Contributor: Audrey Miller MSW, RSW, CCRC, CCLCP
Let’s face it, most people don’t like to move, and for older
individuals it can be even harder to leave the family home and move
into a more supported environment. From leaving a lifetime of memories
to the overwhelming thought of emptying cupboards, basements and
bedrooms, it can be a decision that gets put off until it becomes an
Where possible, I would advise seniors to consider and plan a
move while they are well enough to adjust to a new setting. Without
this kind of planning, a move can be necessitated by other factors such
as difficulty managing ongoing home maintenance, the death of a spouse,
mobility issues, or the overall determination that ‘the home is no
longer safe' as a primary living environment.
Regardless of how the decision is made, once a move has been
deemed necessary, it’s important to be aware of and consider all
factors of the options available. Most of us have negative images in
our heads of "old folks’ homes" – but may not be aware that there are
several potential options available in today’s marketplace. These
include: condominiums, life lease apartments, senior’s apartment
buildings, supportive housing, retirement residences, and long term
The environment that’s chosen should be the one that will best
foster health and happiness while providing for both current and future
I’m often asked by seniors and their families to help them understand the differences between retirement settings and long term care facilities and how to choose the best one.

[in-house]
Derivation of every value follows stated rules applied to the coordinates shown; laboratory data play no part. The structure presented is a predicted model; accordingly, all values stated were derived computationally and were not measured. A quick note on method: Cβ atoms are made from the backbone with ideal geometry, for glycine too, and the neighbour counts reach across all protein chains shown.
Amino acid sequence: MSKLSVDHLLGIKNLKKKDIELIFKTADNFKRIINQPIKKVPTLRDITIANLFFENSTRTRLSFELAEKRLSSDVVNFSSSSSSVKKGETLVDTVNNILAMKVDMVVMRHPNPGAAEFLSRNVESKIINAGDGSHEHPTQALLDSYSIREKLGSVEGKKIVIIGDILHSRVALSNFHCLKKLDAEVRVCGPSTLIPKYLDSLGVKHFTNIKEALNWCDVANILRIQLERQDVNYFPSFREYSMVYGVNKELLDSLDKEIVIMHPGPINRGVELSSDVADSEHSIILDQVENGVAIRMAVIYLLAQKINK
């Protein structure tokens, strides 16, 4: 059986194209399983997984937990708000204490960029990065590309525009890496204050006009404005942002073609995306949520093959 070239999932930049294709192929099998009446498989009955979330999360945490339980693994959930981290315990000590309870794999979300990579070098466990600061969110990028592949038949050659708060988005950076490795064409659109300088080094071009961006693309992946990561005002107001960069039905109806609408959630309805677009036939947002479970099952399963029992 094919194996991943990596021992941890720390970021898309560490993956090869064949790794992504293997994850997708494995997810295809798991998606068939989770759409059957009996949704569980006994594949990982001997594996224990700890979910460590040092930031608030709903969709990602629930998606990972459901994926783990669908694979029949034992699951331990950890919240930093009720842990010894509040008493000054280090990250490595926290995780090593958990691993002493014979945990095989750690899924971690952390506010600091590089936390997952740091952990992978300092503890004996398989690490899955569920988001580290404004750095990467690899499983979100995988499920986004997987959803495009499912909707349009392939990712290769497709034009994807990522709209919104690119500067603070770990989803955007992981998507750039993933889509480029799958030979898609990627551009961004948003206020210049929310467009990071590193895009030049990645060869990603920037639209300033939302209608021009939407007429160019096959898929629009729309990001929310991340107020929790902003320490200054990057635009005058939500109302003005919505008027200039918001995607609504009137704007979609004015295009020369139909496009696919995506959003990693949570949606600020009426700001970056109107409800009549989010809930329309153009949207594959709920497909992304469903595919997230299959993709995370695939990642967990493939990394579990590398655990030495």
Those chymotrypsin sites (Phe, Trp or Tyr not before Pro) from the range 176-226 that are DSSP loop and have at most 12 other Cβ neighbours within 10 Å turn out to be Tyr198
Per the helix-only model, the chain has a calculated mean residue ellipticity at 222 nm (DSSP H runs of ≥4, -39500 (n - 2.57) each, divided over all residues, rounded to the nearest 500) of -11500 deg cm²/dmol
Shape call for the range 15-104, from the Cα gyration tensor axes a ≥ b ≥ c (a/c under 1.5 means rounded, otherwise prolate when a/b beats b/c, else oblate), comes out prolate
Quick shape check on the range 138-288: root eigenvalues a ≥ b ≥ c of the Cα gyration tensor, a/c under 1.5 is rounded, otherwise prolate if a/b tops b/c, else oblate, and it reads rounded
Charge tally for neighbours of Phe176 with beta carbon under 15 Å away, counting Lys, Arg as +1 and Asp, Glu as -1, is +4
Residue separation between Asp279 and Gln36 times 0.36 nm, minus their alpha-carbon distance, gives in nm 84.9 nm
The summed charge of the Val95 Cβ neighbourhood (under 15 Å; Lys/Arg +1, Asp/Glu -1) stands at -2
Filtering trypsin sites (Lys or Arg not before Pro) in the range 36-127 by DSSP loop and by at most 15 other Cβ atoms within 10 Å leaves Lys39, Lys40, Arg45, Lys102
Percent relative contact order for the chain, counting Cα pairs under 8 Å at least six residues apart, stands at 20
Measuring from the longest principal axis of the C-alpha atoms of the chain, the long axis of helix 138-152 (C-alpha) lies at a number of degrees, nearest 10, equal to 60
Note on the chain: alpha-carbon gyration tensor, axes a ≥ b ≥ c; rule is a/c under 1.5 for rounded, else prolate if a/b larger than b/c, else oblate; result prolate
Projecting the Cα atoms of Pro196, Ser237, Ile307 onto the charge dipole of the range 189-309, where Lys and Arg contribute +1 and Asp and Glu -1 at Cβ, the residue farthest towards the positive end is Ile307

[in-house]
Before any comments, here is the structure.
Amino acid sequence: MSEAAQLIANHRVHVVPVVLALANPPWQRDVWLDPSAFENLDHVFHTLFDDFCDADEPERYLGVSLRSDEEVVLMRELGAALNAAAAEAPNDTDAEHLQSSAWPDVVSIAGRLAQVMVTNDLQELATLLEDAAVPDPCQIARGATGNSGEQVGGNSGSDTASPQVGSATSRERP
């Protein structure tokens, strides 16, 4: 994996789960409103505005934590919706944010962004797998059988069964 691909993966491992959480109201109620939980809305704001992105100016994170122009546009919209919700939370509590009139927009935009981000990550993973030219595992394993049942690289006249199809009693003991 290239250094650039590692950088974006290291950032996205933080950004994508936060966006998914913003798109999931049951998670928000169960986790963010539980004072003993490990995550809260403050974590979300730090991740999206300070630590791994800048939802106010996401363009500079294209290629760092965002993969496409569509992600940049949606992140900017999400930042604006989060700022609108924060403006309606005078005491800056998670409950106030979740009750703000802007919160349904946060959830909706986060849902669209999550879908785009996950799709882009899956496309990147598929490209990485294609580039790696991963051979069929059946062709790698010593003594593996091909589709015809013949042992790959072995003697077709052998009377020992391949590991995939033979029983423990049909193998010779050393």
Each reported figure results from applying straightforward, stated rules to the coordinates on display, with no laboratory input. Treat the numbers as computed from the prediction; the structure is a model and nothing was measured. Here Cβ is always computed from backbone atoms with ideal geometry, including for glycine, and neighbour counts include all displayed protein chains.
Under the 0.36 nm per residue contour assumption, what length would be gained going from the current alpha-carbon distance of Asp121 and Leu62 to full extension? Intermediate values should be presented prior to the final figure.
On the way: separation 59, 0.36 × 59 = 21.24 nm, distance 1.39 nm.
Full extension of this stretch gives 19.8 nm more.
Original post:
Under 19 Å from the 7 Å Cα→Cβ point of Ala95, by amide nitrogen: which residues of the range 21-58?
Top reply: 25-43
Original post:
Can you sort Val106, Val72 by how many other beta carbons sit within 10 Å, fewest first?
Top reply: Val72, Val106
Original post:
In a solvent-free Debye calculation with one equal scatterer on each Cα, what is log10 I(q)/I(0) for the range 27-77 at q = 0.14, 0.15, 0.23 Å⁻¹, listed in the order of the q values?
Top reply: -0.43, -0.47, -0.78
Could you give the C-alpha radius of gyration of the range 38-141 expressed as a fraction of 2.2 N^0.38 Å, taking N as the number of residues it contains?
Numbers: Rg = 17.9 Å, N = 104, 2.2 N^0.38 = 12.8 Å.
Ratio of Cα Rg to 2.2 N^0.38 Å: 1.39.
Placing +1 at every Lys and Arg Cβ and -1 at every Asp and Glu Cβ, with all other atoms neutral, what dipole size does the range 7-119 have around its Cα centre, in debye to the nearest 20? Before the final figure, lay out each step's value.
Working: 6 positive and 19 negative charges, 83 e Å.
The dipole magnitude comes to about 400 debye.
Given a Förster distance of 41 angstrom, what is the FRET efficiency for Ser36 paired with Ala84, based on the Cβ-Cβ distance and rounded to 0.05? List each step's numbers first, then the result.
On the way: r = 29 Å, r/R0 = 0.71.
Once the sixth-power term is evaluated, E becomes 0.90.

My advice is to start by considering The 3 ‘C’sTM:
My first ‘C’: CARE
- What amount and type of care does the person require?
- What is the medical condition and is it chronic, temporary,
progressive or palliative?
- How is the condition being treated medically and what
course of treatment and outcome can be expected?
- Will the care needs increase over time?
– Don’t forget to consider future
care needs: So
often when families don’t plan ahead a move is made based on immediate
requirements rather than an assessment of what needs will be tomorrow.
Many retirement residences are not equipped to deal with complex
medical needs from either a physical or cognitive perspective. Make
sure that when you are thinking about care to think beyond immediate
needs and towards what the likely need will be in one, two or five
My second ‘C’: COST
- What is the cost of hiring care?
- What will be the total monthly cost?
- Do you know all of your current monthly costs? Remember
that food and lodging are usually included in the retirement residence
cost while care is often available on an incremental cost basis.
- What is the cost of the care component by itself? Consider
costs for nursing, the services of a personal support worker, other
therapies, medication monitoring and administration, and any special
equipment that may be needed.
– Make sure you know all the costs. Fully
document all current monthly expenses so that costs can be compared in
a meaningful way with other options being considered.
My third ‘C’: CHOICE
- Is there a preferred geographic location?
- How important is it to be close to family, friends,
religious organization, doctors?
- How important is it to be close to public transportation?
- Are pets welcome?
- Are there other personal preferences that should be
considered, such as special diets or a sense of religious or cultural
- What amenities are available?
TIP – Don’t make a hasty decision: The expression
‘don’t judge a book by its cover’ holds true for retirement and long
term care settings as well. Care, staff and service are often more
important than new walls or furnishings. Take time to talk to other
families about their experience.
Once a few places have been selected, I always encourage families to
tour, ask questions, have a meal (most will happily invite you for
lunch) and spend a little time at a community event that the facility
is hosting. Trial stays for a few weeks or a month are also an
excellent way to try before you buy.
Now let’s look at the benefits and drawbacks of the various